- Poster presentation
- Open Access
Measuring the blockade of malaria transmission: analyzing the results of mosquito feeding assays
© Churcher et al; licensee BioMed Central Ltd. 2012
- Published: 15 October 2012
- Plasmodium Falciparum
- Malaria Transmission
- Generalize Linear Mixed Model
- Anopheles Gambiae
- Infected Mosquito
Mosquito Feeding Assays are currently the only method used to assess the effectiveness of malaria transmission blocking interventions (TBIs) currently under development. Infectious gametocytes are fed to mosquitoes which are then dissected after a fixed time interval to determine how efficiently oocysts have developed on the midgut. Feeding assays include The Standard Membrane Feeding Assay (SMFA), the Direct Membrane Feeding Assay and the Direct Feeding Assay, which use different methods of parasite presentation but all assess mosquito infectivity in the same way. Operation and analysis of these assays varies between laboratories: field scientists often measure TBI efficacy as reduction in the prevalence of infected mosquitoes whilst laboratory scientists are more likely to quote efficacy as a change in the number of oocysts within the mosquito. These metrics give outputs that differ widely, resulting in need for greater understanding of how these feeding assay SMFA inform TBI assessment.
Data from 538 different SMFAs (conducted on Plasmodium falciparum and P. berghei, in either Anopheles gambiae or A. stephensi) is used to illustrate why generalized linear mixed models should be used to analyze mosquito feeding assays data.
The relationship between oocyst prevalence and intensity is complex, yet predictable. We demonstrate that the distribution of oocysts between mosquitoes is highly over-dispersed, making efficacy estimates based on reductions in intensity highly uncertain. Analysis of 30 feeding assays carried out on the same TBI confirms that the observed reduction in prevalence depends upon the parasite exposure (as measured by oocyst intensity in the control group), with assays which have lower exposure appearing more effective. By contrast, if efficacy is estimated as a reduction in oocyst intensity, then this candidate demonstrated constant efficacy, irrespective of the exposure level.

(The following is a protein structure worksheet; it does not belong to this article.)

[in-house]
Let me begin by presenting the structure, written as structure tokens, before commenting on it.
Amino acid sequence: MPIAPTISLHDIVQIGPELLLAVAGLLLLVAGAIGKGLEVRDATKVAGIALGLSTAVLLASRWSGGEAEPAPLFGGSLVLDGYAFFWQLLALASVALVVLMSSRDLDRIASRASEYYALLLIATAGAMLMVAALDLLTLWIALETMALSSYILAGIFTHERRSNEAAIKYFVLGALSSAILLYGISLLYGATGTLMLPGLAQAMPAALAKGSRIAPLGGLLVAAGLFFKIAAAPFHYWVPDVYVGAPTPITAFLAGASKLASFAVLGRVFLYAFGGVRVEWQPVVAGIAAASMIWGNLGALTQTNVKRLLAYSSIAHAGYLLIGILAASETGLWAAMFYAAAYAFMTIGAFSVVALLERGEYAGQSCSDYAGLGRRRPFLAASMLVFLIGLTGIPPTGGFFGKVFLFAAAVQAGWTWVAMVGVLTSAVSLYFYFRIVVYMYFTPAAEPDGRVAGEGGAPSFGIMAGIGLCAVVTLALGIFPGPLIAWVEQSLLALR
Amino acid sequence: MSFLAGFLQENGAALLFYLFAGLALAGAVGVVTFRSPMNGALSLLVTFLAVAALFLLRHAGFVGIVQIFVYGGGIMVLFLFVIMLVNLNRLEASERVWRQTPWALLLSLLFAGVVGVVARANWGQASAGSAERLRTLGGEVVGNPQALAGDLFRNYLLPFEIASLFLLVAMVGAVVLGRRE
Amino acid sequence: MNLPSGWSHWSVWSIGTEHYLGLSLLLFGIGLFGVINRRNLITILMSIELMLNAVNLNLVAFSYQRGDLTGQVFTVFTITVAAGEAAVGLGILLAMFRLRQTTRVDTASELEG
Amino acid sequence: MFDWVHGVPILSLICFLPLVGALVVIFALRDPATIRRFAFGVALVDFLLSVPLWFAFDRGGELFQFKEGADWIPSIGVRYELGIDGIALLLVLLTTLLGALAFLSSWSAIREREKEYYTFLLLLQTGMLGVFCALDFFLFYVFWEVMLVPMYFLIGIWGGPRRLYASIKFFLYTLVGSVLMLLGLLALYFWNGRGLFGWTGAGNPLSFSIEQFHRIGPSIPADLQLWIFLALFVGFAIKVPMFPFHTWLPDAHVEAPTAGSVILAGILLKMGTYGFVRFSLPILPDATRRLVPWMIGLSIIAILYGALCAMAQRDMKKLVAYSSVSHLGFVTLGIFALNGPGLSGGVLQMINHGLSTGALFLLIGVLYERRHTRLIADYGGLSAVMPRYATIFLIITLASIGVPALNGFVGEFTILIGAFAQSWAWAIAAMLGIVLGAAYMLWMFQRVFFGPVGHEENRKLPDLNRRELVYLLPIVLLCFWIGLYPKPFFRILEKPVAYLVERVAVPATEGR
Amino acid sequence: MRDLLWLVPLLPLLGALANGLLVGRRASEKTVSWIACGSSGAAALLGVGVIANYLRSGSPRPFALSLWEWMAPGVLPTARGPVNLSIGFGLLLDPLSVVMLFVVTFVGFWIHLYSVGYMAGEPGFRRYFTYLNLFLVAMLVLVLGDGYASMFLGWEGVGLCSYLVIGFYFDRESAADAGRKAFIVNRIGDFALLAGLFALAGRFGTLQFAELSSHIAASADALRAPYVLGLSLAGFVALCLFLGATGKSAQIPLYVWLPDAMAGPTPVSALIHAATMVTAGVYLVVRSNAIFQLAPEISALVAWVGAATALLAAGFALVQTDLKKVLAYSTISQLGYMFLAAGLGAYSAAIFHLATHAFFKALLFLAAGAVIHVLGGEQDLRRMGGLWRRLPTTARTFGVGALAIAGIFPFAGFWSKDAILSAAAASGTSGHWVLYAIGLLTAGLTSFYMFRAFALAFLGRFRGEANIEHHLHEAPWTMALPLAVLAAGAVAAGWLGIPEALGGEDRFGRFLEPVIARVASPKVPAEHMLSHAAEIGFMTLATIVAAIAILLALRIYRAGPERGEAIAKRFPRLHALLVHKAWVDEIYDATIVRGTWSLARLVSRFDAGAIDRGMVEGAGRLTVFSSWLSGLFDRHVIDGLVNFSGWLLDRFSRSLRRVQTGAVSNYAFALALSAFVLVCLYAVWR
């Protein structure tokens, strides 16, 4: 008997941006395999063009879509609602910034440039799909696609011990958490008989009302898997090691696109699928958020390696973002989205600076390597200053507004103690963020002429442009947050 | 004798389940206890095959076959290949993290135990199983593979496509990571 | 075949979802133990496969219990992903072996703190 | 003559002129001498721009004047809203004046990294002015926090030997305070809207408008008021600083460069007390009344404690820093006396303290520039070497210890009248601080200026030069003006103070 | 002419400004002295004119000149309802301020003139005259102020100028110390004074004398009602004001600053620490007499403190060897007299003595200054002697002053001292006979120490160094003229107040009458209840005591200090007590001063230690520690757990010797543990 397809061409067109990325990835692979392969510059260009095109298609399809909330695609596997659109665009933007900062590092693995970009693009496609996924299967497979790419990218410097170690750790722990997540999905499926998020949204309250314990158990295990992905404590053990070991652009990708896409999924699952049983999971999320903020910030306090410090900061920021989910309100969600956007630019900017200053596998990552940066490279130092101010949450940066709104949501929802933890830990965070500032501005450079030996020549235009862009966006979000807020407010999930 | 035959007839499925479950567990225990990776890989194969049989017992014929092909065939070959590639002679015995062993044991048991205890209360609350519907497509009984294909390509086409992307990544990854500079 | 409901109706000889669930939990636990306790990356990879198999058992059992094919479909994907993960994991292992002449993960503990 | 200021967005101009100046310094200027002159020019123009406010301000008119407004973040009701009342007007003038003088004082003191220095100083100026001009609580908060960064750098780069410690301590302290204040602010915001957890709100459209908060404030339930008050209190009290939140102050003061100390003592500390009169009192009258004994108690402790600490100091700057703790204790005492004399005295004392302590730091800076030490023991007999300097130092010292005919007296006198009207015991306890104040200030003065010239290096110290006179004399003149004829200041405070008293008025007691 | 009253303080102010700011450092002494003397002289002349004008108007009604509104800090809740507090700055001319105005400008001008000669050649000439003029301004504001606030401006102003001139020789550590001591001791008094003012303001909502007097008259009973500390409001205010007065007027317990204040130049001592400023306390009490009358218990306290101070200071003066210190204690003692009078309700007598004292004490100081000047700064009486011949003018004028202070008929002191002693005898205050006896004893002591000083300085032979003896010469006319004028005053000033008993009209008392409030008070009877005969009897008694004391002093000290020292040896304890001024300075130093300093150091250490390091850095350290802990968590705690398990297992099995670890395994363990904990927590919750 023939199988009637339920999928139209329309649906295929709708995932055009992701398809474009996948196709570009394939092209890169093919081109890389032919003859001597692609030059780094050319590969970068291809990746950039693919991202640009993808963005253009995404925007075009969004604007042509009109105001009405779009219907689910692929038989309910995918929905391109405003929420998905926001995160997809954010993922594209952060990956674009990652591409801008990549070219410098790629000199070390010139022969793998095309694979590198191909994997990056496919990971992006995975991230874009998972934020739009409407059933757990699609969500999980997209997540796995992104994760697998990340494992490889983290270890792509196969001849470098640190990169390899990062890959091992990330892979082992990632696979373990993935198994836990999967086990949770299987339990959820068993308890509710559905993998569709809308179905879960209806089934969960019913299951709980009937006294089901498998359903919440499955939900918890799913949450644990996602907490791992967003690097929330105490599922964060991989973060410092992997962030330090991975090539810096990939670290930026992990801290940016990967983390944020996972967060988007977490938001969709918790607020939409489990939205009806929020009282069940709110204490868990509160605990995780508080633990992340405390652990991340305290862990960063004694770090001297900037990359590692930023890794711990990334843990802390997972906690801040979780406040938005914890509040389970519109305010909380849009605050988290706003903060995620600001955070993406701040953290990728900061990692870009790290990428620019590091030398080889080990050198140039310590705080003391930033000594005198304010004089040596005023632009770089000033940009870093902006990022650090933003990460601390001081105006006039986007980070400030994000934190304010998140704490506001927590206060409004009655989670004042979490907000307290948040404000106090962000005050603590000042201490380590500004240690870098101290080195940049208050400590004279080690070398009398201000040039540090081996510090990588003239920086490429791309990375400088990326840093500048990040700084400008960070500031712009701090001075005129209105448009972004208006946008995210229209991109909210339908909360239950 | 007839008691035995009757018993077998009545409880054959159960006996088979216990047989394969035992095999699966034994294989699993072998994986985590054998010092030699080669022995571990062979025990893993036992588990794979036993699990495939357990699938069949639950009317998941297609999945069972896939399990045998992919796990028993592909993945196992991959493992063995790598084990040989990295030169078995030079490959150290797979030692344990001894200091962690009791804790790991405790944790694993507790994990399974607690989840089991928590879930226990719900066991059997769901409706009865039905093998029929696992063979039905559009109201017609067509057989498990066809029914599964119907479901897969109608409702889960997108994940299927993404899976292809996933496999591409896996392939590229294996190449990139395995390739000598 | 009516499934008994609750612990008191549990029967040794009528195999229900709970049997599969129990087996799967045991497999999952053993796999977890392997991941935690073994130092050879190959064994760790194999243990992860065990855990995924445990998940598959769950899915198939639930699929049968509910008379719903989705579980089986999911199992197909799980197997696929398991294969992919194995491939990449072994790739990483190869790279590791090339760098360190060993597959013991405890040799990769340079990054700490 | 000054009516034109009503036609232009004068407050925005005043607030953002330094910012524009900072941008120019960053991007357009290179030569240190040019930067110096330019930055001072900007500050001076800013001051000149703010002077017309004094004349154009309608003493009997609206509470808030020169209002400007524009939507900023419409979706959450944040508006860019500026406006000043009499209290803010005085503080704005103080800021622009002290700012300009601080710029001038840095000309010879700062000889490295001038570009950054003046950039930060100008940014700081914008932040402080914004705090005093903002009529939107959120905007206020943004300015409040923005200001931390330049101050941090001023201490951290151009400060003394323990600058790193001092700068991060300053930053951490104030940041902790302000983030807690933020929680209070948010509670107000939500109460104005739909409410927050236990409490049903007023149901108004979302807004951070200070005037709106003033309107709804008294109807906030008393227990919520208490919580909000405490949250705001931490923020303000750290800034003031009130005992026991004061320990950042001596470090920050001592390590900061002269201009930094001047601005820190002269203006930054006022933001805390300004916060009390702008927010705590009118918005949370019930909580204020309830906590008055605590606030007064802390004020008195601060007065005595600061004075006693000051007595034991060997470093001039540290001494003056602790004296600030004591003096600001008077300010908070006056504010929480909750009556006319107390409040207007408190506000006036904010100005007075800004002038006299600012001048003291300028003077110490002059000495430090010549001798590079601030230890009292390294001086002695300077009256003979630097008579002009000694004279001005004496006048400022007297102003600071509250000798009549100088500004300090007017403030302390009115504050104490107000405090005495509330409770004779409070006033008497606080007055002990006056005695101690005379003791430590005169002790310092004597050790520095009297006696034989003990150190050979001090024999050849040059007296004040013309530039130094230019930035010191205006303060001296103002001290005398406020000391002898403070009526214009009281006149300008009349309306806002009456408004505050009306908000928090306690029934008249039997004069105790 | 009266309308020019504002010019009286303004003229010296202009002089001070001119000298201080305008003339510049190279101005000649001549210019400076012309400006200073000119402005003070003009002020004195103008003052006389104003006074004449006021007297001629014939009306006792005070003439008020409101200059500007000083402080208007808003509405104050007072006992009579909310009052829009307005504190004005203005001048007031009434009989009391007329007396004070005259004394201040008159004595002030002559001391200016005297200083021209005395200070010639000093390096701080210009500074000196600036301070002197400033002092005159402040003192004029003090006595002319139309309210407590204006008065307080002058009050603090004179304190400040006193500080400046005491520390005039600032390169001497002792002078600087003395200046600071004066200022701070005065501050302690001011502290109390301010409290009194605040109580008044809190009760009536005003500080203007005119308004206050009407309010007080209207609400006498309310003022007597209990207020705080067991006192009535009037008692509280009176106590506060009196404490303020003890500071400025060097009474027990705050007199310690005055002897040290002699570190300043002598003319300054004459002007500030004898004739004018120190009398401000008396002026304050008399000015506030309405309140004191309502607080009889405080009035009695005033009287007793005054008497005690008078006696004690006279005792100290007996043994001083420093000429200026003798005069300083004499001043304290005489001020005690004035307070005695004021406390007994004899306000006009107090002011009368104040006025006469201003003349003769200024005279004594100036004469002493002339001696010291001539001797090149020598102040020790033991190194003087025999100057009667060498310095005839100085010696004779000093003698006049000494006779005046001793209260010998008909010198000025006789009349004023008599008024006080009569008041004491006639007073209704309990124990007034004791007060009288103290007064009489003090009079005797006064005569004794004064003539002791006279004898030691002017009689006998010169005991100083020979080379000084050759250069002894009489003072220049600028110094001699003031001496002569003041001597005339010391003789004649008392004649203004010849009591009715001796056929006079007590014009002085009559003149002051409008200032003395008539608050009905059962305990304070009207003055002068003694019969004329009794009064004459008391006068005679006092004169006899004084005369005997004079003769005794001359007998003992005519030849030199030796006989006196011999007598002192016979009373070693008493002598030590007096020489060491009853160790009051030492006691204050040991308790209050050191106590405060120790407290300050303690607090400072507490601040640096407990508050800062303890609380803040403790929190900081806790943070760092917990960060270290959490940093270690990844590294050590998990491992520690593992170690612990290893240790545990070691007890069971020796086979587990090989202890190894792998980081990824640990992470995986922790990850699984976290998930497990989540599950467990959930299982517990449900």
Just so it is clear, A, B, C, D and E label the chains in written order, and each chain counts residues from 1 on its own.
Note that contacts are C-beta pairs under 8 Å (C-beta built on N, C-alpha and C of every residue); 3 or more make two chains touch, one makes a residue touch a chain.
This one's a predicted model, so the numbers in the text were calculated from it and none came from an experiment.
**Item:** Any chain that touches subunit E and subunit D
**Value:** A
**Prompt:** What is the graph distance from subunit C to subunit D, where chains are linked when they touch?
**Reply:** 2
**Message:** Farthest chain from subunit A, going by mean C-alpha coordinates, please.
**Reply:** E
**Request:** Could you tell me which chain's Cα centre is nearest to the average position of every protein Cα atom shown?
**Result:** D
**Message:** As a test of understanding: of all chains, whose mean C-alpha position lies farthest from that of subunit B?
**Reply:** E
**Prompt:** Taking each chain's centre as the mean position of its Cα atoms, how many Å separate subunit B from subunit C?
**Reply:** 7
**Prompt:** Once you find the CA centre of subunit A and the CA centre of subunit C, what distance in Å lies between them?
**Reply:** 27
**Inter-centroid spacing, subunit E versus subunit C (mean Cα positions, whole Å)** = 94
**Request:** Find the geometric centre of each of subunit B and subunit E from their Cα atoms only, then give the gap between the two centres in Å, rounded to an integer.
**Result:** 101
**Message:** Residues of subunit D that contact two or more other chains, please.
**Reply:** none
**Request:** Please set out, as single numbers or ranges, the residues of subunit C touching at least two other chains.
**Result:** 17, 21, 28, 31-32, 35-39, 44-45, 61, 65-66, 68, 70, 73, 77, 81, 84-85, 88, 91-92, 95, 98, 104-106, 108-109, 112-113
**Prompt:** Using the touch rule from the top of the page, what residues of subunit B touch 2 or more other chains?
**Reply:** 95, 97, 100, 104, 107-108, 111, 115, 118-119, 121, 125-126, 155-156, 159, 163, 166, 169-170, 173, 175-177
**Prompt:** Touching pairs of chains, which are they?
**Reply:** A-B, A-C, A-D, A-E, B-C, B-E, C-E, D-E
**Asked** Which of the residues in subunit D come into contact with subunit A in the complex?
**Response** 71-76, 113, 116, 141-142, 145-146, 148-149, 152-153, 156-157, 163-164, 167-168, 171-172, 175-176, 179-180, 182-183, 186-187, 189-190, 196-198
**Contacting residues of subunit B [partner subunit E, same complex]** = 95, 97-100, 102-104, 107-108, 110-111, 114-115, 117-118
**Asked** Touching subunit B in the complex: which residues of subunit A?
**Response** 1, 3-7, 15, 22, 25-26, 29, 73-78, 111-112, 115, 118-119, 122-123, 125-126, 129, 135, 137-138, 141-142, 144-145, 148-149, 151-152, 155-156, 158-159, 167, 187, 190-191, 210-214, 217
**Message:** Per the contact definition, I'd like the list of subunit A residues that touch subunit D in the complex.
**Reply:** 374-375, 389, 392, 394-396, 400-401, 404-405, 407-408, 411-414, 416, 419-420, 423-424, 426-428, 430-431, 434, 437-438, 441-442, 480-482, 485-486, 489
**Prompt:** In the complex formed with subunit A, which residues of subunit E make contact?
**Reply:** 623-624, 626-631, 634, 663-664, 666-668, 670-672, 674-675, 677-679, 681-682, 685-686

To report transmission-blockade efficacy accurately, the results of membrane feeding assays should give both the prevalence and intensity of oocysts in both the control and intervention group. Candidates should be assessed against a range of parasite exposures to allow laboratory results to be extrapolated to different field situations. Currently, many studies assessing TBIs are underpowered and uncertainties in efficacy estimates rarely reported. Statistical techniques that account for oocyst over-dispersion can reduce the number of mosquitoes that need to be dissected and allow TBI candidates from different laboratories to be accurately compared.
This article is published under license to BioMed Central Ltd. This is an Open Access article distributed under the terms of the Creative Commons Attribution License (http://creativecommons.org/licenses/by/2.0), which permits unrestricted use, distribution, and reproduction in any medium, provided the original work is properly cited.